Election No. 58 is in the books and “The Donald”, whether you love him, hate him or reside somewhere in the middle, the U.S. economy will continue to churn unabated. How much power one man really has over the economy is up for debate. A 2015 Princeton study suggested that the man in charge has minimal impact when factoring out highly volatile components (energy and food). It seems that differences in performance come down to good luck with a dash of good policy. While many look to the most common economic indicators such as GDP to gauge economic performance, we thought it would be useful to know about the more obscure economic indicators and which ones to follow. Following some of these indicators may reveal hidden opportunities for those willing to take a risk. Here are some lesser known economic indicators that might not always make the front page of The Wall Street Journal but remain relevant in today’s economy.
Construction Spending is a monthly economic indicator that reflects activity in the housing market. In particular the index provides a comprehensive view of the construction industry across residential and non-residential housing as well as public projects, according to Barron’s. Observers of this indicator over the past year would know that residential spending has been trending on the weak side in 2016. Meanwhile spending for non-residential private buildings similarly took a disappointing turn lower in September.
The Purchasing Manager’s Index reflects economic activity in the manufacturing sector. The index, which is published monthly by the Institute for Supply Management, is rather simple to understand. When the index surpasses 50, this means that the manufacturing sector is expanding. Conversely anytime the index dips below the 50 threshold, manufacturing is not growing but contracting. While average Americans might not observe this index, it’s worth watching as a gauge of the economy as purchasing manager activity could be a reflection of corporate America’s performance and growth. The November 2016 reading of this index was 53.4.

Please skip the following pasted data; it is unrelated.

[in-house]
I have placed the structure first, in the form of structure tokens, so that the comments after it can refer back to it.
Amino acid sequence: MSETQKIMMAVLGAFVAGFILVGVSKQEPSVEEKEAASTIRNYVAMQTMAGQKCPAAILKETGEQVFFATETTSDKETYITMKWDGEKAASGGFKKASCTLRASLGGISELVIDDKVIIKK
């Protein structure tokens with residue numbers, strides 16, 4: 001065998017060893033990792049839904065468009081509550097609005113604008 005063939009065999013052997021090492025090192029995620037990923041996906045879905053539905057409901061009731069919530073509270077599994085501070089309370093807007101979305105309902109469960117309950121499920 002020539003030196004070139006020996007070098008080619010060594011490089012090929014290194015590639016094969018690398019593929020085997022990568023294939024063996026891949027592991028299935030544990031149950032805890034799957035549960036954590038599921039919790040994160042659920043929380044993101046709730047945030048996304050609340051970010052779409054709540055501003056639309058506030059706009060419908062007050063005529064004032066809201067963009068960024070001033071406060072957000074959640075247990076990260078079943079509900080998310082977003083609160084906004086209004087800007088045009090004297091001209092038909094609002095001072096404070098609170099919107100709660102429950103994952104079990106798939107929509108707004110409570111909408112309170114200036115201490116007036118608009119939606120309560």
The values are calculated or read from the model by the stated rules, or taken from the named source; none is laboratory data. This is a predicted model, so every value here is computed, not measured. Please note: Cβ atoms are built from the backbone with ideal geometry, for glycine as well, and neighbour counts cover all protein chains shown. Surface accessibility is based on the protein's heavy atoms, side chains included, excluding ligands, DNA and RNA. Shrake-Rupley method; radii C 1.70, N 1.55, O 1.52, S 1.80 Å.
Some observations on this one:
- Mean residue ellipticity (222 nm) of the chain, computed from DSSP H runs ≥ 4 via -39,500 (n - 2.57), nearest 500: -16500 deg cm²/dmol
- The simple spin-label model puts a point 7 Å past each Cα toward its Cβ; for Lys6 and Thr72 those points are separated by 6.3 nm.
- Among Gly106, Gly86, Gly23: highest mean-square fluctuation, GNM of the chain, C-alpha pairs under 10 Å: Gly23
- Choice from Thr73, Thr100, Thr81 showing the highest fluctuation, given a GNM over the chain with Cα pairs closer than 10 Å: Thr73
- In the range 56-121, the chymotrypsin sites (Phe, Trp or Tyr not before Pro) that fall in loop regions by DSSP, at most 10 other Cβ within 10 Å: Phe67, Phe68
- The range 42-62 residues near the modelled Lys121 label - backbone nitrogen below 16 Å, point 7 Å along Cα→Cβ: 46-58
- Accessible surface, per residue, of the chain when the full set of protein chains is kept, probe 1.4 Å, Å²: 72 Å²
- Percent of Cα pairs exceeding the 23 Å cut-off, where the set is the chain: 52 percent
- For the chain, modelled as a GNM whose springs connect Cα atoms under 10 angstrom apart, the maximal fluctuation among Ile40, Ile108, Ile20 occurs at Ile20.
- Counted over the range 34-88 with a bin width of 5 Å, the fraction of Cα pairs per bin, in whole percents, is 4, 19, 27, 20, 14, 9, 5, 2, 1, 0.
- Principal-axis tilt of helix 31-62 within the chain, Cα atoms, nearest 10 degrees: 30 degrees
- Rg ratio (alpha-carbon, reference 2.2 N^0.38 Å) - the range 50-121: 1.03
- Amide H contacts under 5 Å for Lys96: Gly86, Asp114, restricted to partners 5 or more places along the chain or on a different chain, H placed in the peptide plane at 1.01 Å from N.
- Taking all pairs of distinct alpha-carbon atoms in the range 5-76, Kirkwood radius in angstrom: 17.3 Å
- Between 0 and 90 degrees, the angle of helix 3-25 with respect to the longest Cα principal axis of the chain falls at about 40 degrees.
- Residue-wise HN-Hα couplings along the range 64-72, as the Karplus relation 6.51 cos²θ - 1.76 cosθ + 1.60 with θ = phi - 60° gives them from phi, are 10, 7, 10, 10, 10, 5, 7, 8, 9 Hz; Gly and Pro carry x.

The ISM also publishes a non-manufacturing index, which reflects economic growth across a number of sectors of the economy ranging from construction, to mining, to agriculture and forestry, Barron’s indicates. In October 2016 the reading was 54.8.
Housing starts reflect new construction on residential structures. Residential construction activity can fluctuate from month to month and so most market observers consider the five-month average for a fair indication of residential construction activity in the economy. Another closely watched set of indices are the S&P CoreLogic Case-Shiller Home Price Indices. These single-family datasets cover a national index, 20 and 10-city composites and 20 individual metro areas. These indices, with data points calculated for the time period of January 1987 through the present, are normalized to have a value of 100 in January 2000. The index peaked in 2006 at 184.62. Six years later (Feb 2012) it had plummeted to 134.01. The index is back to pre-bust levels (184.42 in August). Does this mean we are in another bubble? The economists behind the original index would not necessarily make that connection. In his book, Irrational Exuberance, Robert Shiller, illustrates how the pattern of changes in home prices bear no relation to changes in construction costs, interest rates or population. In fact, home owners consistently value their homes’ appreciation at 2% annually when the actual sales data is closer to 0.7% over the same time interval.